The New York Times has a story reviewing developments in the private banking industry. The article notes a couple of important points. First, high‐tax nations — and the international bureaucracies that represent those nations — resent Swtizerland for serving as a refuge:
For generations, Europe’s wealthy journeyed through mountains and valleys to quietly stash their money with Switzerland’s bankers, famed for taking their secrets to the grave. …many of the country’s detractors complain that Switzerland remains the world’s prime tax haven. The European Union and the Organization for Economic Cooperation and Development have pressured Switzerland to loosen its bank secrecy.
Second, the article notes that high‐tax countries can get at least some money to return home if they remove and/or reduce the tax penalites:
Several countries, including Italy and Belgium, have lured back untaxed assets held abroad by decreeing an amnesty for tax evasion. But that is not the biggest challenge.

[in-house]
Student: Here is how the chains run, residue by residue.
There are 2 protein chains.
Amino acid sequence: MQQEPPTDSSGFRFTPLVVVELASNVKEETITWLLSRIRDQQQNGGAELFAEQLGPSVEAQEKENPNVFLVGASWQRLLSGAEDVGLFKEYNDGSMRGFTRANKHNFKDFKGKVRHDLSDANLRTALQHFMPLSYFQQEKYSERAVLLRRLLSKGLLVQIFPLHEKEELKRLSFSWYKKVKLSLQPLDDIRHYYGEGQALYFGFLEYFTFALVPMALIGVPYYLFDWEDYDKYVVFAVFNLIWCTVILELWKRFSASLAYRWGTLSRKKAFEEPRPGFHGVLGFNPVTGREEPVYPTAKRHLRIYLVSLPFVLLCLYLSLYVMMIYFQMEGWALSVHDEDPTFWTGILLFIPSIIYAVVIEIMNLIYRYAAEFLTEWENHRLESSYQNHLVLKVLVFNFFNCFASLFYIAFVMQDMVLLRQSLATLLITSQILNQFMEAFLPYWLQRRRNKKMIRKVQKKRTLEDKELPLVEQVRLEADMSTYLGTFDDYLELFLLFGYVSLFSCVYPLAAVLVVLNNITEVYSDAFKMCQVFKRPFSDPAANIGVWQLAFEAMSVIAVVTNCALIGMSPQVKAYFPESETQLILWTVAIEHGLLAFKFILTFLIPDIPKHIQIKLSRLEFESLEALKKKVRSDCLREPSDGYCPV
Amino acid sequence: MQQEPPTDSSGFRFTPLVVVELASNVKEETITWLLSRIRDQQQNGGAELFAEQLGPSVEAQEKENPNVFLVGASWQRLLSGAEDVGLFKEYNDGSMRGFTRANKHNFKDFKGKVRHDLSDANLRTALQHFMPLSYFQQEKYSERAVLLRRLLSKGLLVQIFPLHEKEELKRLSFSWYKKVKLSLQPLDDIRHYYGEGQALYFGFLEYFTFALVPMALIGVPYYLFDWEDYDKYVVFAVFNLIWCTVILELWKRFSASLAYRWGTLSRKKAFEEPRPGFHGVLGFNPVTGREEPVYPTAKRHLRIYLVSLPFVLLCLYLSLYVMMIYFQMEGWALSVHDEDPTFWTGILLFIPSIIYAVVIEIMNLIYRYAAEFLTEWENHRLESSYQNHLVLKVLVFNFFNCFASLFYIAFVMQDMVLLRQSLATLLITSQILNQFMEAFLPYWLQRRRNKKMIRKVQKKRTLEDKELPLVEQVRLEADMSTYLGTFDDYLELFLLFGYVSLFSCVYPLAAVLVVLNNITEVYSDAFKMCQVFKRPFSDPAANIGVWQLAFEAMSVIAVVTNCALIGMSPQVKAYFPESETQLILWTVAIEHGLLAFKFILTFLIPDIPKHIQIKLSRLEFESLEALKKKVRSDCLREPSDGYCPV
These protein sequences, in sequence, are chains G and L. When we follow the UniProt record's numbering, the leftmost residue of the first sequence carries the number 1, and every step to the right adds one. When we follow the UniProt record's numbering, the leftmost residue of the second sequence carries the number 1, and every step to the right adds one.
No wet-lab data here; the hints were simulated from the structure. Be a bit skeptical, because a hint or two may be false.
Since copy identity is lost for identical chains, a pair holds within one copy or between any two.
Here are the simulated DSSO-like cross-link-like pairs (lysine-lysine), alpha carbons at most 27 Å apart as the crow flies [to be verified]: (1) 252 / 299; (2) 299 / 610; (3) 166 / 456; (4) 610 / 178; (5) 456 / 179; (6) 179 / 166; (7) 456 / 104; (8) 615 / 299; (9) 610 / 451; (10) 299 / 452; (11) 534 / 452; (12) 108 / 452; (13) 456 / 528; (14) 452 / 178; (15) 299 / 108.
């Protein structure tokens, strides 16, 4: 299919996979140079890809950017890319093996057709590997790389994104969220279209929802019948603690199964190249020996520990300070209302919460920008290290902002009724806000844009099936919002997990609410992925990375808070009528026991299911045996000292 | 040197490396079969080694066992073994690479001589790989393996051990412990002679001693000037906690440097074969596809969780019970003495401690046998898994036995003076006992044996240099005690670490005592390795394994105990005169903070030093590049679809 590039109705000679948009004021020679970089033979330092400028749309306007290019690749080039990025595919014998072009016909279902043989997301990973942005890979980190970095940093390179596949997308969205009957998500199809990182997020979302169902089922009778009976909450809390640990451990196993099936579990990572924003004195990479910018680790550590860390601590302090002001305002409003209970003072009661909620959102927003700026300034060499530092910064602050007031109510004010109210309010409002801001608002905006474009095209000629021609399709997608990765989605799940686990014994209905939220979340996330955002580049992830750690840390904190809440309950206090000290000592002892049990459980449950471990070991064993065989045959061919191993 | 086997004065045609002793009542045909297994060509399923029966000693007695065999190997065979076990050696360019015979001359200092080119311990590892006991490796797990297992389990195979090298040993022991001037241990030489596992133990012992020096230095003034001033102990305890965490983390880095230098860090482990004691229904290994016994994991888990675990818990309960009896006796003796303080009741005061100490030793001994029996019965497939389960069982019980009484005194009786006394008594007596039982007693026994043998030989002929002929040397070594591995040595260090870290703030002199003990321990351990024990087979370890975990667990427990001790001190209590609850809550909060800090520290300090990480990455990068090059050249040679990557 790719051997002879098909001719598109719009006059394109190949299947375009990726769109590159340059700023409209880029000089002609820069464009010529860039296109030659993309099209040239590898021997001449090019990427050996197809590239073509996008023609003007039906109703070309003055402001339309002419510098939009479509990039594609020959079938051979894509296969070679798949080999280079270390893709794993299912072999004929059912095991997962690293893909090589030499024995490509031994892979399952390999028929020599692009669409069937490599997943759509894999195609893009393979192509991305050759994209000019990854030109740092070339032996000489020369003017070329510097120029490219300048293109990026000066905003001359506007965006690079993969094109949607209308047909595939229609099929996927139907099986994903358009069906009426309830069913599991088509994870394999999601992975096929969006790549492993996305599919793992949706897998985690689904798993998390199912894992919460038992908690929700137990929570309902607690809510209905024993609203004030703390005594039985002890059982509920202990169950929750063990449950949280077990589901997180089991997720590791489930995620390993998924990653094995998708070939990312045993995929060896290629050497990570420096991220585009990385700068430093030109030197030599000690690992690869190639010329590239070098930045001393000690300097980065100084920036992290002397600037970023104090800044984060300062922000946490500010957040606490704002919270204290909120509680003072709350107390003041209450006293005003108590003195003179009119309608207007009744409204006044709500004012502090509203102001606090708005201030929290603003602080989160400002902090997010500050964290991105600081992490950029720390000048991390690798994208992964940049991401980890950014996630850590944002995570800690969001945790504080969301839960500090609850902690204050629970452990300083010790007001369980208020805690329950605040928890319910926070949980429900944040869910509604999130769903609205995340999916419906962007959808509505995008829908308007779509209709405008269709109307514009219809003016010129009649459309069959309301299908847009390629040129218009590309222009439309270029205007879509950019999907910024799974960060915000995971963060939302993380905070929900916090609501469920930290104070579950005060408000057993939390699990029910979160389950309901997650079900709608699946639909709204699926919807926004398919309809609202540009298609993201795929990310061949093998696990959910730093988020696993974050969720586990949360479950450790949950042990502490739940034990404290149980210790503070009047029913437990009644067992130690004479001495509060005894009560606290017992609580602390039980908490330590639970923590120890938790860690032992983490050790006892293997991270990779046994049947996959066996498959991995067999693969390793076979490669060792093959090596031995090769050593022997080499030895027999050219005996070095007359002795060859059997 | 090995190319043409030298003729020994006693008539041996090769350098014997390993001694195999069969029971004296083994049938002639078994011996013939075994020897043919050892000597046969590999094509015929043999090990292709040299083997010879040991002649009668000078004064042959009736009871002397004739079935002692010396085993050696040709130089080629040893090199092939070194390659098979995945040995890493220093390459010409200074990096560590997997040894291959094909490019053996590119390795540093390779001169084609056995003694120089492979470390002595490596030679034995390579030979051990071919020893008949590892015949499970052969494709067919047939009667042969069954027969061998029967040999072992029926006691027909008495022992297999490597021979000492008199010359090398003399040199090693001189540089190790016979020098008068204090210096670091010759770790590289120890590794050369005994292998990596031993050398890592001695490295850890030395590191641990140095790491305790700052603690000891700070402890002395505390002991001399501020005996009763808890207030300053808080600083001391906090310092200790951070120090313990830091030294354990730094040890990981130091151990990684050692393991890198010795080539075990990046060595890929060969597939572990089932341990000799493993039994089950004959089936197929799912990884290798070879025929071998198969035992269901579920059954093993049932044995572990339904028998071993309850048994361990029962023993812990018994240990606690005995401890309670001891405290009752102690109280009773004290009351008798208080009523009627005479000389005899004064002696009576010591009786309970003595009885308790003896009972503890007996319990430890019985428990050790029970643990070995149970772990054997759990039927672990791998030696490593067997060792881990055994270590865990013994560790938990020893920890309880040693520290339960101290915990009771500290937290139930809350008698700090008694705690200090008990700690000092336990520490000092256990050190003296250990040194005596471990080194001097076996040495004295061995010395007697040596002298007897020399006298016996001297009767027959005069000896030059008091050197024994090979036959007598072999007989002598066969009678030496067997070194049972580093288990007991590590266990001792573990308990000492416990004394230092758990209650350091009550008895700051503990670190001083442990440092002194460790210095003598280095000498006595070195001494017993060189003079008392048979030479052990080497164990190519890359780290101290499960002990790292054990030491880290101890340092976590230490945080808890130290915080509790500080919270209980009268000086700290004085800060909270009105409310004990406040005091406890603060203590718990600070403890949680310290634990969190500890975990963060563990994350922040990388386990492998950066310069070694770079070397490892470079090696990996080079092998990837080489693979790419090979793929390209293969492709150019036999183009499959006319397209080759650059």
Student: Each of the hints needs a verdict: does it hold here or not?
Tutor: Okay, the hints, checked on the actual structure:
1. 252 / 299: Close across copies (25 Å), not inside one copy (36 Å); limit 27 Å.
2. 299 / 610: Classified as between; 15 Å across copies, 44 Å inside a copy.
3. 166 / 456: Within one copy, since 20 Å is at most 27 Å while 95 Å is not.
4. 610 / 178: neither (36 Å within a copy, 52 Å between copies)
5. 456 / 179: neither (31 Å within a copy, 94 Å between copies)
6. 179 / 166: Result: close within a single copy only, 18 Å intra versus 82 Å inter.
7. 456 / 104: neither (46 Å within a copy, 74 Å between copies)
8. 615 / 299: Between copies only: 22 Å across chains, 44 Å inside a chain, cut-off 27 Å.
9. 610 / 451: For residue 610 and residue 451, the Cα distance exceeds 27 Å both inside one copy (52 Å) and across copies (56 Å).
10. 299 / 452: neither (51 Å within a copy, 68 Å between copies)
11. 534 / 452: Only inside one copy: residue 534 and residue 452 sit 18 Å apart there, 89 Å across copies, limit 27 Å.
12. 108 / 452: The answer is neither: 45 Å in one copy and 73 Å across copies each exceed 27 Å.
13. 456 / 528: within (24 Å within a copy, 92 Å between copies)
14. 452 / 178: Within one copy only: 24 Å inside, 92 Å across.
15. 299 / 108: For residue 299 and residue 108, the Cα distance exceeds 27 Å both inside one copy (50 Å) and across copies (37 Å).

Third, tax competition is creating other havens for people seeking to avoid not only punitive taxes, but also other forms of oppression:
As Swiss bankers penetrate markets abroad they are facing like‐minded competitors from elsewhere in the world. Dubai and Singapore have cultivated sophisticated private banking hubs, offering discreet financial services and a tax haven aimed at luring away wealthy clients. And just as the Swiss have moved overseas, foreign banks like Citibank have flocked to Switzerland. Geneva, once a sleepy lakeshore town, now has branches of 100 foreign banks.
Lastly, the article notes that Switzerland has a completely different approach from America. Unlike the US — which has a so‐called Bank Secrecy Act that strips away financial privacy, Swtizerland still respects the fundamental right to privacy. Citizens are treated like adults — a relationship that is facilitated by a better tax regime:
Unlike regulations in the United States, Swiss law forbids bankers from divulging information about clients or their assets, under threat of penalty. Tax evasion is not considered a crime.